Autumn frost has graced the trail these past few days and walks at dawn have been startling in their beauty: all is gilded with light and dipped in diamond dust. This morning I walked in the low golden light of dawn. Frost had breathed along the sharply cut edges of the grass, leaves, and branches, and scattered their surfaces with crushed crystal.
These are images fraught with dichotomy, revealing both nature’s fragility and its endurance, for even as I photograph the brilliant colors and life encrusted with glittering flashes of light, I am recording its dying; and anticipating its springtime renewal. Everywhere we walk is both a cemetery and a nursery. Every moment holds the yin-yang diminishment balanced with the blossoming of life-death.
Traditional fall harvest celebrations also recognize the paradox of abundance and blessing amidst death and loss. We witness the waning of the year’s light and enter a time of darkness, and so all of the attendant metaphors and archetypes make their annual entrance into our conscious and unconscious pursuits and rituals: death, the shadow, the metaphysical, and the immaterial. We fear our own deterioration and death, and so we mock our decay with heightened, deliberate grotesqueries and dark humor. We’ll trick death by disguising ourselves.
Loved ones who have died often feel closer to our hearts and spirits in autumn. We yearn to connect with them; we honor our ancestors; we recall the dead with stories, and ceremonies, rituals, and reflection.
We sense our own dying as nature dies back to the earth, and we can choose to either avoid these encounters, or quietly and consciously enter and be with them, reviewing our life, “rehearsing” our death, and pondering the miracle, meaning, and mystery of both.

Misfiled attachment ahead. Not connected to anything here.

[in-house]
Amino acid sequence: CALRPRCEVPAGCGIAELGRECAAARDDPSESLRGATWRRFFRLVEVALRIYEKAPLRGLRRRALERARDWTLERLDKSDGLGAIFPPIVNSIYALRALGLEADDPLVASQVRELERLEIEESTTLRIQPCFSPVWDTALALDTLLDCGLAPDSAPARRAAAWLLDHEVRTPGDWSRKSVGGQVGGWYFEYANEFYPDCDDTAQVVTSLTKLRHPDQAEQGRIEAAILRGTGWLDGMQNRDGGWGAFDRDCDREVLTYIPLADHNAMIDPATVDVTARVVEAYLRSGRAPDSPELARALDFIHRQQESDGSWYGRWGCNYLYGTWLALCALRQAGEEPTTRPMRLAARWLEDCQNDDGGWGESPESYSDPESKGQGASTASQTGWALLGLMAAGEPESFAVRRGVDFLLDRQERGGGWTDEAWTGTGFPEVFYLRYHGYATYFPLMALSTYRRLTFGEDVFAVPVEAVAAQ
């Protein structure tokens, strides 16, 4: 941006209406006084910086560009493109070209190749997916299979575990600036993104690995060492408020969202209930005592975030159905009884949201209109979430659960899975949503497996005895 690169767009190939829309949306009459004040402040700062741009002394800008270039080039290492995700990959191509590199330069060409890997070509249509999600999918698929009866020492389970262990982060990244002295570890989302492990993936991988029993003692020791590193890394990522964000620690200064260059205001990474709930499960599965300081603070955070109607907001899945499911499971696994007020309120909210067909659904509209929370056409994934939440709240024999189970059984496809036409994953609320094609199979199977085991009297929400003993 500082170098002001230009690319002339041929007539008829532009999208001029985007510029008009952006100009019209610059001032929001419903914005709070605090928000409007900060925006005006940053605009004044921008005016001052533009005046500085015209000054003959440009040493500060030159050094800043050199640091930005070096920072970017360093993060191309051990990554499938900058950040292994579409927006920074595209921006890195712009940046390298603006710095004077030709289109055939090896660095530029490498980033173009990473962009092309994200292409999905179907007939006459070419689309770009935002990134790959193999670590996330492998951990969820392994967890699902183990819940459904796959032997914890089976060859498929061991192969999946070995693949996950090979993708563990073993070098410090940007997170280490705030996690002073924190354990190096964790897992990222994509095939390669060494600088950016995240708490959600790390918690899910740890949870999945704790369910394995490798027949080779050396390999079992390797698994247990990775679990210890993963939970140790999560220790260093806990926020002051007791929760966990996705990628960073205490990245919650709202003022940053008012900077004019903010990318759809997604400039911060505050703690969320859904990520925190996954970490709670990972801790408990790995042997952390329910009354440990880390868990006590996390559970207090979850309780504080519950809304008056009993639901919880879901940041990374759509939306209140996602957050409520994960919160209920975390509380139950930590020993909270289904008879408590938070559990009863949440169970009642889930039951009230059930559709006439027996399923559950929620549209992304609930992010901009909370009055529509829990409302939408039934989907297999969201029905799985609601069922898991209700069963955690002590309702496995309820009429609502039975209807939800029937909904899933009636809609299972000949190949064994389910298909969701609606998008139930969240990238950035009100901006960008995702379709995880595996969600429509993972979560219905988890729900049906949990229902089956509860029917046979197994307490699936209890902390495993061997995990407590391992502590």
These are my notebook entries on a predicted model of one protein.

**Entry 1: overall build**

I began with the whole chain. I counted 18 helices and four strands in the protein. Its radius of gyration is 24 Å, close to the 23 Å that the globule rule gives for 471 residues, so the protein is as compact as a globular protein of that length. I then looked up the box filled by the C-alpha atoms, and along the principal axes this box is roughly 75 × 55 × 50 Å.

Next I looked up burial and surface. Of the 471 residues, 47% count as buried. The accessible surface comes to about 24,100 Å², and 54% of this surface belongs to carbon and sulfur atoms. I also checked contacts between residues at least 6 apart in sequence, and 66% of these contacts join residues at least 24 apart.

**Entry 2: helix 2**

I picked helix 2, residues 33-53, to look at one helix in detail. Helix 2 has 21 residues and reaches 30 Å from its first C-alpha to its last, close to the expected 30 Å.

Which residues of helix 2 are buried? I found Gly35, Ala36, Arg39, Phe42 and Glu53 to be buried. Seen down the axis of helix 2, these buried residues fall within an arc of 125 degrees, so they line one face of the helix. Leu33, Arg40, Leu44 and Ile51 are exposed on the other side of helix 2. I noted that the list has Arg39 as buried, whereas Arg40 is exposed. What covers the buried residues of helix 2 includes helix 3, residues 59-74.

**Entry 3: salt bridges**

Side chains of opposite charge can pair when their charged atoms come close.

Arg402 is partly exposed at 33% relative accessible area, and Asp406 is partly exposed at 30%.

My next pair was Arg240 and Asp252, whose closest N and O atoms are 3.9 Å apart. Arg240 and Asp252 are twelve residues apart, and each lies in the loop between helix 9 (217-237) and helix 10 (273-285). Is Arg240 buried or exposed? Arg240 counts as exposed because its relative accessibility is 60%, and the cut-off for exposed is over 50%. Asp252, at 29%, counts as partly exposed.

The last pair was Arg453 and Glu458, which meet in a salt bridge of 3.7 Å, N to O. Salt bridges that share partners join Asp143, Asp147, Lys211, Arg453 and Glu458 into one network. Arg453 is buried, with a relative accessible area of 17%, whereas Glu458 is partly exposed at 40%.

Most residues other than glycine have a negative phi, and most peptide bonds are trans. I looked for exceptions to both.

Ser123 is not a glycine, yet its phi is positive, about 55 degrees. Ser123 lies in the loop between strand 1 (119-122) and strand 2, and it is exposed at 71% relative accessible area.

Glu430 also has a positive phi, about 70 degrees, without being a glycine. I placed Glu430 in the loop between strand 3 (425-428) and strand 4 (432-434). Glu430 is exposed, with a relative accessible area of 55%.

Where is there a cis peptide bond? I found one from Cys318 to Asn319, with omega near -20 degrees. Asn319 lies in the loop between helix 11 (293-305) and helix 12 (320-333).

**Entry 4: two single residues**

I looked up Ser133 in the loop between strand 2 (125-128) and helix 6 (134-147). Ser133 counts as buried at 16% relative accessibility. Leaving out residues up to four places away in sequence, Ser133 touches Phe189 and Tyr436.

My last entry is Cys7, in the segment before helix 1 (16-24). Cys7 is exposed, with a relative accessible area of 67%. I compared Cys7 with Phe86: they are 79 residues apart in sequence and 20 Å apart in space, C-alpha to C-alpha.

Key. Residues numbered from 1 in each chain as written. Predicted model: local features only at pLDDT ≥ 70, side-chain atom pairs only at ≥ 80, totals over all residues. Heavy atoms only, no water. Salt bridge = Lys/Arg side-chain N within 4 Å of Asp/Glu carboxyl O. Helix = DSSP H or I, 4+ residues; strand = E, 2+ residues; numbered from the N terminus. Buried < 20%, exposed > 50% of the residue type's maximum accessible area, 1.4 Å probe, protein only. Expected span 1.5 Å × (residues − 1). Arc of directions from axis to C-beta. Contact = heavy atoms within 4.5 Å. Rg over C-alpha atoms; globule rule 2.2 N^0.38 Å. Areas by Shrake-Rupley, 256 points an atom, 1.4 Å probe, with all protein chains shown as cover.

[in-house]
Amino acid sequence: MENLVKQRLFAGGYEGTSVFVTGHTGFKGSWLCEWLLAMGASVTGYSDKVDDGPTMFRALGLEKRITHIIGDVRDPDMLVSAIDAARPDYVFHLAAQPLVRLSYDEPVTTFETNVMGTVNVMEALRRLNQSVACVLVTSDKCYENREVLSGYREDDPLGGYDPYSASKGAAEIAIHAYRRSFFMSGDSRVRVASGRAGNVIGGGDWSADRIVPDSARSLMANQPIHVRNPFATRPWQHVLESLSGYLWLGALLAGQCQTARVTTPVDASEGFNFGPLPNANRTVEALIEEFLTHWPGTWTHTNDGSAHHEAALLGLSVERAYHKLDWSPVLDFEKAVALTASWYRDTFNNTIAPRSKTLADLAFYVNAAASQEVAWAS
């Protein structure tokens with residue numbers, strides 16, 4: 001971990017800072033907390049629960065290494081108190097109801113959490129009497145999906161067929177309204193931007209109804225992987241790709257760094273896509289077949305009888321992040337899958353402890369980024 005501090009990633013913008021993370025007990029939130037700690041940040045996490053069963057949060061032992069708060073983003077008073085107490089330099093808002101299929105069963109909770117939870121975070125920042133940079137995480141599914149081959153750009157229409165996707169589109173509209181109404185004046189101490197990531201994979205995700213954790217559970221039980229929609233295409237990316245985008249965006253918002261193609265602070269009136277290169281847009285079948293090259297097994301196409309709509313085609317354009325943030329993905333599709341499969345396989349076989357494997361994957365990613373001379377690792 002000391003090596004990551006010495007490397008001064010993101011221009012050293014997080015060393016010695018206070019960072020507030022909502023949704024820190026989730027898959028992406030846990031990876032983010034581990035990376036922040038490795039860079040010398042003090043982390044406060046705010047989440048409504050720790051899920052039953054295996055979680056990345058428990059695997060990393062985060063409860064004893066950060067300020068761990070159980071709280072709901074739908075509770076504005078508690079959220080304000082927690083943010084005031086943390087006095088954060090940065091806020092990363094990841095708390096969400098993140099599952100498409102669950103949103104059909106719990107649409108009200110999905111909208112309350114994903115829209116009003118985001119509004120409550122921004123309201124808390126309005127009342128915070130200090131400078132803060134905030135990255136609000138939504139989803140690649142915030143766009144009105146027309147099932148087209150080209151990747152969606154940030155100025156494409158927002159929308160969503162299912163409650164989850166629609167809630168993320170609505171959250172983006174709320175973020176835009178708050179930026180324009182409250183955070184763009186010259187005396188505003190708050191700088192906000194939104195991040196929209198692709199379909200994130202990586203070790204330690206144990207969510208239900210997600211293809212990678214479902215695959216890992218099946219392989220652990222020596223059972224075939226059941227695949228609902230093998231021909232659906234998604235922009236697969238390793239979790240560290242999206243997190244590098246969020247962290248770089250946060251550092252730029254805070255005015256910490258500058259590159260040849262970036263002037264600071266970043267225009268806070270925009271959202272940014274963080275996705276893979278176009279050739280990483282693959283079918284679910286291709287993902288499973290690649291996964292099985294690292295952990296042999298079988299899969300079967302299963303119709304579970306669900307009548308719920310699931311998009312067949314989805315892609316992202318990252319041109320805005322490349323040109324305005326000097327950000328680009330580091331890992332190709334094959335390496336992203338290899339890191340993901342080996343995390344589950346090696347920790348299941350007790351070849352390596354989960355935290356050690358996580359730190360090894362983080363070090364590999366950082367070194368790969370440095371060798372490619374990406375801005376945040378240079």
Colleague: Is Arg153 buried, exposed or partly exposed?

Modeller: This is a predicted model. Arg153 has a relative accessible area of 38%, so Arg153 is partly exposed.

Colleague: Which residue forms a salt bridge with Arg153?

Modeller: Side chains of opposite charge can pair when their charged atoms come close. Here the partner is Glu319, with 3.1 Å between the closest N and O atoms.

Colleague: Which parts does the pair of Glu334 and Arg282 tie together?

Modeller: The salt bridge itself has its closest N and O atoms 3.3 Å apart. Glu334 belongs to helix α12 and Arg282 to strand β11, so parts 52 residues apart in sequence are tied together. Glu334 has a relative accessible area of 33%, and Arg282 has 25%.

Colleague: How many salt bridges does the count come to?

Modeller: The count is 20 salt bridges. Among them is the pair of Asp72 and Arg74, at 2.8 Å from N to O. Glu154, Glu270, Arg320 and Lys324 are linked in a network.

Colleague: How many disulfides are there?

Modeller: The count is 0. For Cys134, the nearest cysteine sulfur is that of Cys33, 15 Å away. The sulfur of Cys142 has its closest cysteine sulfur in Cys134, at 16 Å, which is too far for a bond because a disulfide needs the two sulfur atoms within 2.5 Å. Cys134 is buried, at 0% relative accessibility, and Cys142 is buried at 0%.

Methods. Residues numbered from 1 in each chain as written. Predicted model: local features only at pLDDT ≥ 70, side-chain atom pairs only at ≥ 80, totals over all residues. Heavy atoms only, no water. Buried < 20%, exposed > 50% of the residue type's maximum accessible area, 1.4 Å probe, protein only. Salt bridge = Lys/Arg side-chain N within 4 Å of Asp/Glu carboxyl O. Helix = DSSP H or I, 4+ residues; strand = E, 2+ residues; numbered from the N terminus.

Death, when it’s personal to us, is a close-up, freeze-frame event with a beginning and end. When people, companions, and things we love die, we’re thrust into the sharply-focused now-now-now, followed by days and months of time smearing past, and grief shuddering through our lives. Our spirits and emotions stagger like clumsy giants caught in the maze of memory and loss. It is a time we often recollect as experienced in shadows, pinned like captured butterflies to grief and its unique mixture of guilt, longing, regret, and emptiness, infused with exquisite sorrow.
But the journey of grief, if we’re willing to walk all the way through it–both alone and with guides and friends to support us–allows us to gain a greater perspective regarding our loss and perhaps rest easier within our own dying. The longshot replaces the close-up, and, in retrospect, we see that death is not a finite event, but only an arc in life’s endless circle. The light returns, and we begin to feel the resurgence it offers, the blessings offered not just by the one who has died, but by the journey through loss itself. Every loss kicks up all the others, and each time we walk with them, we heal more deeply. Our compassion for others’ suffering is more finely-tuned, as is our ability to put the cares of the world into better perspective. The daily round becomes unique and precious, and the mundane is more easily recognized and treasured as miraculous.